This Is Not a Break-up Letter …
By the time you read this, I’ll be gone. Although that sounds like the beginning of a dysfunctional break-up letter (and I now have a Glen Campbell earworm playing in my head), I’m merely stating the fact that, by the time this issue of The Bell comes out, I’ll be on my three-month sabbatical (plus two weeks of vacation). Although I will miss you all deeply, I’m looking forward to the rest, reflection, and renewal that I anticipate experiencing in the next few months.
As I pondered how I wanted to use this time of renewal over the last few months of preparation, the question that most often resonated for me was, “how does one sustain oneself for long-term ministry?”
The place this question kept leading me to was the practices of monastic communities, especially those that follow the Benedictine Rule of Life. In a monastery, prayer is the framework of life: every several hours, all work is set aside and the entire community engages is the ancient practice of praying the psalms. All other activities of the day—rest, easting, work, study, community engagement—are set within this framework of prayer. In our modern secular life, even for those of us who are spiritual and practice a faith tradition, our secular responsibilities—work, family obligations, household tasks, travel to and from work and home—tend to create the framework of our lives, and we stick prayer into the gaps in that framework when we can.
What if I can learn to approach life with a monastic rhythm, even while living in the secular world? What would it be like to develop a modern monastic practice of praying the hours, establishing that prayer as a framework for all other parts of life?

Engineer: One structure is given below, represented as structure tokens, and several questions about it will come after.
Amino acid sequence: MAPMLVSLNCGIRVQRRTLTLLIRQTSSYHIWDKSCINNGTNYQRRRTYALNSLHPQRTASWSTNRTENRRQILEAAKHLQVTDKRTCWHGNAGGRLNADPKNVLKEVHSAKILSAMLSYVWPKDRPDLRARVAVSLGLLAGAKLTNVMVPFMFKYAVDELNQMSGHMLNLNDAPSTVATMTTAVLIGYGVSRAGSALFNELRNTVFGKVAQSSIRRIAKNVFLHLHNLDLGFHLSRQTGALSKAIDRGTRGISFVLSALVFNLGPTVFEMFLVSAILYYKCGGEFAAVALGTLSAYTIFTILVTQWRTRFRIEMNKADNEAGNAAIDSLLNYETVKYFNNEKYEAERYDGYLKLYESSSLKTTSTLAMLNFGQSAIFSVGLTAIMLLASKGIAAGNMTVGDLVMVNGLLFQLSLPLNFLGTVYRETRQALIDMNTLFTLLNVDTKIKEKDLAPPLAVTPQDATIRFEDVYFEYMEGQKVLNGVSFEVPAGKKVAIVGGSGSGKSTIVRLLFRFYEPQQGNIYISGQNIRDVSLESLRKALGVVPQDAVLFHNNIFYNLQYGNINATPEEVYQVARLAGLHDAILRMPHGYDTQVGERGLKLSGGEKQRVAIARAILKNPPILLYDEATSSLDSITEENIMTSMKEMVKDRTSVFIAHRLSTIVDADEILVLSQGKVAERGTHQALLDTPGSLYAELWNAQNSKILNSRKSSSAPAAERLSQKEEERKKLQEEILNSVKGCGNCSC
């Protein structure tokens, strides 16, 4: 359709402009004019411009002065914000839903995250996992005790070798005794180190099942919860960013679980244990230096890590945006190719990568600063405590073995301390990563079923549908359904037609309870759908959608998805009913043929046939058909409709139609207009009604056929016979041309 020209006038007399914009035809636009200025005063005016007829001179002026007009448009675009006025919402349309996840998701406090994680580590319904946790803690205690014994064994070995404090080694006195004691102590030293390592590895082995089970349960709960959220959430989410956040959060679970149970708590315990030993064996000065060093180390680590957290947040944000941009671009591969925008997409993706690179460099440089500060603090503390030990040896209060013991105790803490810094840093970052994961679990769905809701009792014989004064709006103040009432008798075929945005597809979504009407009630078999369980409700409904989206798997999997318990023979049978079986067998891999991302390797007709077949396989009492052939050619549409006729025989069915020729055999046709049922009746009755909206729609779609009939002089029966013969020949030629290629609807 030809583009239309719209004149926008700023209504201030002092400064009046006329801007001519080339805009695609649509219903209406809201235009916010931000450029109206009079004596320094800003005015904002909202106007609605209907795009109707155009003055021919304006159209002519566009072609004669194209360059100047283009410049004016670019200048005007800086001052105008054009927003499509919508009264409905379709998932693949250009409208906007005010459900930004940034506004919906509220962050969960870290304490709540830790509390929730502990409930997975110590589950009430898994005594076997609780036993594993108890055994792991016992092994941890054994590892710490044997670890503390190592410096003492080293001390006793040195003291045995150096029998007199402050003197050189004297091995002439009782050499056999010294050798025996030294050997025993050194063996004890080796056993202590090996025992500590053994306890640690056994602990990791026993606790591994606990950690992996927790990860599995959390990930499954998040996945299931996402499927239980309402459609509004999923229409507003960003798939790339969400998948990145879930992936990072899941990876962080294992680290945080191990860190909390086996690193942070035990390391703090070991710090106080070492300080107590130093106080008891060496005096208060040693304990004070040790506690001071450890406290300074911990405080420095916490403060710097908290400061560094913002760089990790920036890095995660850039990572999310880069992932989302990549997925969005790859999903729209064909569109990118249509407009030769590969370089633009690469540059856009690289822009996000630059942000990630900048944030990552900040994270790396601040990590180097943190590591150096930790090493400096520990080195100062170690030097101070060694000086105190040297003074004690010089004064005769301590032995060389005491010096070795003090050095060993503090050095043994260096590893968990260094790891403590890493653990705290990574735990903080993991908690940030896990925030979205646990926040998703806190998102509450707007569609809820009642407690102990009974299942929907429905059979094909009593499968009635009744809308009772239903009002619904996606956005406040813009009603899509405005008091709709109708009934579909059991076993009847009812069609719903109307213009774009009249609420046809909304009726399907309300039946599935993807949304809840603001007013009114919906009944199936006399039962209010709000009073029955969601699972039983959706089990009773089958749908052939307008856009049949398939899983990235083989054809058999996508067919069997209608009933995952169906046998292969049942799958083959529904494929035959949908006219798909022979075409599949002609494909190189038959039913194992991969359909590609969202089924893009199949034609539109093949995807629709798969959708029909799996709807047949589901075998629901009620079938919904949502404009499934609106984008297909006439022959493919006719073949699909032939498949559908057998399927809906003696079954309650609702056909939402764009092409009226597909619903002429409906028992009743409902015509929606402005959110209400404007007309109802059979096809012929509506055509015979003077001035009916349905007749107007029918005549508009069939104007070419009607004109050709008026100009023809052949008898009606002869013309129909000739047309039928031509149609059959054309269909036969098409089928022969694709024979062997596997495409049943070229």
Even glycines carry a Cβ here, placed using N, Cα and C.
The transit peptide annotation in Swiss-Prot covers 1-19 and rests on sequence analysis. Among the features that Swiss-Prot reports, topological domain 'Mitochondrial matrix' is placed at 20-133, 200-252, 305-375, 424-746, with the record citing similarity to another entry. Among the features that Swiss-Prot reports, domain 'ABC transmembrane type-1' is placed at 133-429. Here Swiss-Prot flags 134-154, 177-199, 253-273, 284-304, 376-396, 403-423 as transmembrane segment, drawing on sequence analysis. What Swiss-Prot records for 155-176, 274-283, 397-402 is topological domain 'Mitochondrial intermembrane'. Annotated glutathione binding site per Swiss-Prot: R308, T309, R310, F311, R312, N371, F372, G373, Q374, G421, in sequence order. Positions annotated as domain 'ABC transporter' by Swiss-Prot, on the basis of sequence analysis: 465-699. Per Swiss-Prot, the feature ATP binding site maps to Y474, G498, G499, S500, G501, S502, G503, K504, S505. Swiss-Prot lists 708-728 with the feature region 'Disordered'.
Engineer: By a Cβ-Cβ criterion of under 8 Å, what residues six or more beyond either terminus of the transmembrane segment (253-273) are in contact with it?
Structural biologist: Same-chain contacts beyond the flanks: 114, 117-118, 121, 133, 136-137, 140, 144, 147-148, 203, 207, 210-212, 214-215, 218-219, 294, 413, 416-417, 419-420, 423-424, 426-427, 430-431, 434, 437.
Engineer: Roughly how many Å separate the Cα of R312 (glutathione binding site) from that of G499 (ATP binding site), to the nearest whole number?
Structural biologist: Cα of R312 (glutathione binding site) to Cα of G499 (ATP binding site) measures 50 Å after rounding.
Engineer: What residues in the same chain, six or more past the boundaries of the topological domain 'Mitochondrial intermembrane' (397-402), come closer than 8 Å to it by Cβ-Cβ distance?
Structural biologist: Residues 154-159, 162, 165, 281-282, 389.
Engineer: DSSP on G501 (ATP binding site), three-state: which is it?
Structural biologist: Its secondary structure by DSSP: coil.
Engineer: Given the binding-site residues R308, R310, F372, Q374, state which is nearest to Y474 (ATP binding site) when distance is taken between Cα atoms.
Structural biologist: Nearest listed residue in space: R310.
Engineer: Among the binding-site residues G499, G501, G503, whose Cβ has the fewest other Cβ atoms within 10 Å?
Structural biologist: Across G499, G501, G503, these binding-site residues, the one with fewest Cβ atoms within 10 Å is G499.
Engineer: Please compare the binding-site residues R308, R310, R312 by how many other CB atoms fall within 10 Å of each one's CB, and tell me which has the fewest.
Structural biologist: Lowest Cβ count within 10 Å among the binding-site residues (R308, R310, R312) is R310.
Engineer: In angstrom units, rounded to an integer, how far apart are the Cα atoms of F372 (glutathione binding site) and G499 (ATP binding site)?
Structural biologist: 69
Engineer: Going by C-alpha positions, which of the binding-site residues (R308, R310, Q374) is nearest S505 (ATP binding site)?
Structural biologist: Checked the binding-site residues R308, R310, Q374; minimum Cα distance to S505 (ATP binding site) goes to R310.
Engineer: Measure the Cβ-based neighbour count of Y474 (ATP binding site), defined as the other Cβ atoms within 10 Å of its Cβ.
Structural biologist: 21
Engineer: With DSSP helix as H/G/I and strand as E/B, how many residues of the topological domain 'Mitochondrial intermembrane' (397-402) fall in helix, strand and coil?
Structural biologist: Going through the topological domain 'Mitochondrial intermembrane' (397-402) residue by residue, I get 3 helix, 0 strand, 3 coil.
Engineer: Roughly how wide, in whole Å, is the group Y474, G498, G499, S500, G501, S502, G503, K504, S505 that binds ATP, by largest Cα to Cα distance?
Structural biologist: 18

Since I cannot live in a monastic community for the entire three months of my sabbatical, I’ve sought out a range of experiences that offer the rhythm of communal living, while also exploring prayer and spiritual practice. These experiences, which range from a silent retreat to a work camp, are scheduled in one-month intervals throughout my sabbatical, as a way of keeping me accountable to and reconnecting with my goals on a regular basis.
These are the communities I plan to visit during my sabbatical, as a way to practice living that framework of prayer:
August 27-29: Silent retreat at the New Camaldoli Hermitage, a Benedictine Camaldolese monastery in Big Sur.
September 13-17: Northwest Coast Pilgrimage on the Oregon coast with Heartbeat, an organization that promotes Celtic spirituality (I’ve applied to attend this pilgrimage, but have not yet heard if I’m accepted)
October 7-13: Volunteer Work Week at Holden Village, a Lutheran retreat center in the eastern Cascades, Washington. I’ll be helping to prepare the center for winter, while also experiencing the camp’s teaching, art, and hiking opportunities, the community, and evening prayer service.
November 2-3: private retreat at Mercy Center in Burlingame, with silent contemplation, labyrinth-walking, and Mercy’s Taizé service.
In addition to exploring the monastic pattern of spiritual practice, I intend to read widely and deeply in several areas of both personal and church interest: church growth and evangelism, early Christianity and early non-canonical Christian writing; Mary Magdalene and other early Christian women leaders; as well as my massive “to be read” pile of novels, poetry, and nonfiction at home.
I also hope to dig into a few personal projects at home, including addressing my many UFO’s (“unfinished objects” in craft-speak), refresh my home garden, reorganize my home office/craft space, and reconnect with friends and family.
Before you know it, it will be November, and I will be back with fresh energy and new ideas; until then, I will hold you all in my prayers and ask for God’s peace and blessings to be upon you.